New Leader

Joe Urgo

Joe Urgo, who has served UNC Asheville as provost since 2014, begins the new year in a new role: interim chancellor.

Urgo is no stranger to the top leadership position – he served as acting president of Hamilton College in central New York and then was president of St. Mary’s College of Maryland before coming to UNC Asheville. He also performed important administrative capacities at other universities including Hamilton College and the University of Mississippi.

Having also served for decades as a professor of literature, he also maintains his passion for higher learning. He earned his Ph.D. in American Civilization from Brown University and has published scholarly examinations of American novelists William Faulkner and Willa Cather. And during some of his semesters as provost at UNC Asheville, he made time to teach literature courses, allowing him to keep growing as a scholar and professor and connecting directly with students.

He says he plans to remain accessible to students even as he assumes his new responsibilities. “This is not a huge bureaucracy – you can talk to the provost, you can talk to the chancellor,” he says. “Going to a school where you can talk directly to those in these positions is valuable experience when you’re out building your career. Going to talk to the CEO of a company or a state representative is not as daunting because you realize they are human beings and you came from a university that encouraged those kinds of conversations.”

And having gotten to know the faculty during his years as provost, Urgo has become a big admirer of those who teach here. “The commitment to student success on the part of the faculty here is phenomenal – the faculty that choose to make a career here have chosen to make a specific commitment to the welfare, well-being and success of their students. We see that in the longevity of our faculty members, some of whom have been here 30, 35 and 40 years. That’s an astounding record in this day and age, and they do that because they are committed to our students.”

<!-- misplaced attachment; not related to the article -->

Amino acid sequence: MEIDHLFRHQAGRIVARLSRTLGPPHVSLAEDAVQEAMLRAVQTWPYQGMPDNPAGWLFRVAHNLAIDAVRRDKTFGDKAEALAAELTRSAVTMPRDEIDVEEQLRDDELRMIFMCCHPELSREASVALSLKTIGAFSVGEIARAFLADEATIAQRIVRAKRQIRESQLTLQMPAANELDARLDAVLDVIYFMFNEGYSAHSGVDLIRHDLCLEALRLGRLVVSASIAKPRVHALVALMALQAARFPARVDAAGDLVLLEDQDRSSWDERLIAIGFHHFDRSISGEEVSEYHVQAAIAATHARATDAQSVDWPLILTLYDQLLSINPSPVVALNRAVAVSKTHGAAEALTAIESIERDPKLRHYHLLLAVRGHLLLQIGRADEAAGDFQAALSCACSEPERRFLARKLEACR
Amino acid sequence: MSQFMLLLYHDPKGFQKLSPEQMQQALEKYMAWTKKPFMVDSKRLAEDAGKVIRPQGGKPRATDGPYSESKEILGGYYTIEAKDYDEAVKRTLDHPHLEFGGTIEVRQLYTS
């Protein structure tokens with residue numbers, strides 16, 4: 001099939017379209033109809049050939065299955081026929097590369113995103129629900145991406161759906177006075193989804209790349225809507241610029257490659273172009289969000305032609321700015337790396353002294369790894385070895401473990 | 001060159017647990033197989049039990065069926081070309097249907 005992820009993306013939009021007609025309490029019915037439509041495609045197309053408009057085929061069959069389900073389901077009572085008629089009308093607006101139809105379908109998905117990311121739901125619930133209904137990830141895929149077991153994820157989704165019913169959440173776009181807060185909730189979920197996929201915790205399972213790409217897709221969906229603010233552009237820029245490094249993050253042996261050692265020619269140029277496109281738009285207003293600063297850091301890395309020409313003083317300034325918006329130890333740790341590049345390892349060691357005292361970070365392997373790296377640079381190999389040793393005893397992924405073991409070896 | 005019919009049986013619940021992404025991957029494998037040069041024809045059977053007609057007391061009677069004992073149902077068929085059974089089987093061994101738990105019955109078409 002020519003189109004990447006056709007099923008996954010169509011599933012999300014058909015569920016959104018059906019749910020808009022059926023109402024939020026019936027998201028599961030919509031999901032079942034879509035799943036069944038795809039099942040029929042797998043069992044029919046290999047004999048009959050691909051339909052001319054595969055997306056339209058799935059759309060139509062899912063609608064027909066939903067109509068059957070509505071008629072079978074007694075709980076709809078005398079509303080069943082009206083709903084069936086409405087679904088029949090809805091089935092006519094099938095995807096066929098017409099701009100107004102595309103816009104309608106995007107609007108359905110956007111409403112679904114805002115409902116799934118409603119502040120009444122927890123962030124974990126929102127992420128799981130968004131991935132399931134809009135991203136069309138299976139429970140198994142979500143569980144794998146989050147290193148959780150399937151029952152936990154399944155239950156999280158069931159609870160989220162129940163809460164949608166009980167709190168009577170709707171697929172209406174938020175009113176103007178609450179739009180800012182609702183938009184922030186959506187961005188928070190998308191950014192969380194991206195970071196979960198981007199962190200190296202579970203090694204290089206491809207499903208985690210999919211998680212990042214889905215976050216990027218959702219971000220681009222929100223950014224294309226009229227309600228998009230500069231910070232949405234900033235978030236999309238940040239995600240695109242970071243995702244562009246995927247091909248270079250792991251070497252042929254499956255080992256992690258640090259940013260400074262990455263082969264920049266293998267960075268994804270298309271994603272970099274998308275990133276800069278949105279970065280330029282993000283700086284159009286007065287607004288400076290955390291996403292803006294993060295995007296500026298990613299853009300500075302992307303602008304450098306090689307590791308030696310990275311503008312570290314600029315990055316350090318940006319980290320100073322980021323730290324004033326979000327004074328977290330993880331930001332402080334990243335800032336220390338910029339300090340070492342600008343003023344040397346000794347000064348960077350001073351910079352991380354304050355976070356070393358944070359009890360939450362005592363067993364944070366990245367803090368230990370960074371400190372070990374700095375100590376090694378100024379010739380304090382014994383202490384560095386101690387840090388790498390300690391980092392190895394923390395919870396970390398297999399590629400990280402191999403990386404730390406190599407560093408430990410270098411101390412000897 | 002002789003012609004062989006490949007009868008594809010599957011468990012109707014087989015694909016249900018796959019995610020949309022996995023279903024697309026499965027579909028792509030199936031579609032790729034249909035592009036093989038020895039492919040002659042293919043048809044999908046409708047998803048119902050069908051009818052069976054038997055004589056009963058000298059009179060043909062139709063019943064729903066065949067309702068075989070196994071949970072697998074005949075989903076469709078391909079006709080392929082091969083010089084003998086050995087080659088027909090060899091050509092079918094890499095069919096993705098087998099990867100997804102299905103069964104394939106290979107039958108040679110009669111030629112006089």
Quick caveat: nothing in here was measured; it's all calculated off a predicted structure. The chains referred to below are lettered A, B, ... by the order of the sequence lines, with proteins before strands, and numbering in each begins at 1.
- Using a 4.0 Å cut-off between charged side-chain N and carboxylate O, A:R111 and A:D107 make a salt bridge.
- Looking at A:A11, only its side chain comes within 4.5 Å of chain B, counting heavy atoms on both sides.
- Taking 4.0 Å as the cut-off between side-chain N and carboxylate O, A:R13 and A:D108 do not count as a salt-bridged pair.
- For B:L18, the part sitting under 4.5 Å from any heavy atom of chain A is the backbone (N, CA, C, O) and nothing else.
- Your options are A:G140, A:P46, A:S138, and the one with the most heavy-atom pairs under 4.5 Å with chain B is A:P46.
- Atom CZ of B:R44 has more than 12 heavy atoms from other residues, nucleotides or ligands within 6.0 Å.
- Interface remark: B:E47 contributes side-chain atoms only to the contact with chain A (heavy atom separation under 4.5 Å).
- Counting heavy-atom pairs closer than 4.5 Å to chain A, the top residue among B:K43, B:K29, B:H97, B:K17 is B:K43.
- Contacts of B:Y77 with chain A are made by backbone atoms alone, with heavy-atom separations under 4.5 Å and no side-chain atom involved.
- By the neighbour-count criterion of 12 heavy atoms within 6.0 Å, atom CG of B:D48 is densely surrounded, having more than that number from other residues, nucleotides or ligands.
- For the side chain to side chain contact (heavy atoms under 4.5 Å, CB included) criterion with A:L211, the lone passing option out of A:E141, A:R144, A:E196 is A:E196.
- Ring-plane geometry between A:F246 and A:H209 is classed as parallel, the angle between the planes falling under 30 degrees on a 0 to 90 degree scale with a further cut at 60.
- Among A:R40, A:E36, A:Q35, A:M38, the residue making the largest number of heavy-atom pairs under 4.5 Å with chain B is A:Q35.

Urgo is a champion of liberal arts education and an unabashed supporter of the arts component, particularly as a means to deepen the strong connections between UNC Asheville and the city of Asheville. “The River Arts District has tremendous potential and will become a dominant force in this region as it grows and blossoms,” he notes. “We are advocates of the arts here on this campus and we have a tremendous appreciation of arts, both performing arts and individual arts, through the new media program, with a music program, and drama program. Those are all areas of rich potential collaboration with the city.

“In an era when people sometimes think of the arts as frivolous, we need to make a point over and over again that art is not an ornament, it’s what life is about. Connecting with the arts, being able to express yourself and your aesthetic vision, those are not incidental things in one’s life. They can be the centerpiece in one’s life and they can sustain life – whether in business or medicine or law – it is enriched by one’s appreciation and knowledge of an aesthetic dimension of life. With our new degree in arts management we’re going to be producing artists and managers who combine those two worlds together, becoming further examples of advocating for the arts nationally. I’m excited about the future of the arts,” says Urgo, who offered these comments during a discussion that will be excerpted in UNC Asheville’s soon-to-be published annual Chancellor’s Report.

Urgo also is excited about UNC Asheville’s future and his new role as interim chancellor, and he offers this vision of servant leadership, UNC Asheville-style: “This is a campus in which students will learn that the definition of a leader is not that you get to boss people around, but it’s that you inspire others to do their best work, or you welcome solutions, options, and opportunities. That’s the kind of leadership we want to cultivate on campus.”

With former Chancellor Mary K. Grant now serving as president of the Edward M. Kennedy Institute in Massachusetts, and Provost Urgo becoming interim chancellor, Karin Peterson, professor and chair of sociology and anthropology, is now the acting provost.

A national search is underway for UNC Asheville’s next permanent chancellor. You can learn more about the search at

 Students are welcome to join Urgo for coffee and conversation at "A Cuppa Joe with Joe" from 10:30-11:30 a.m. on Tuesdays at Argo Tea.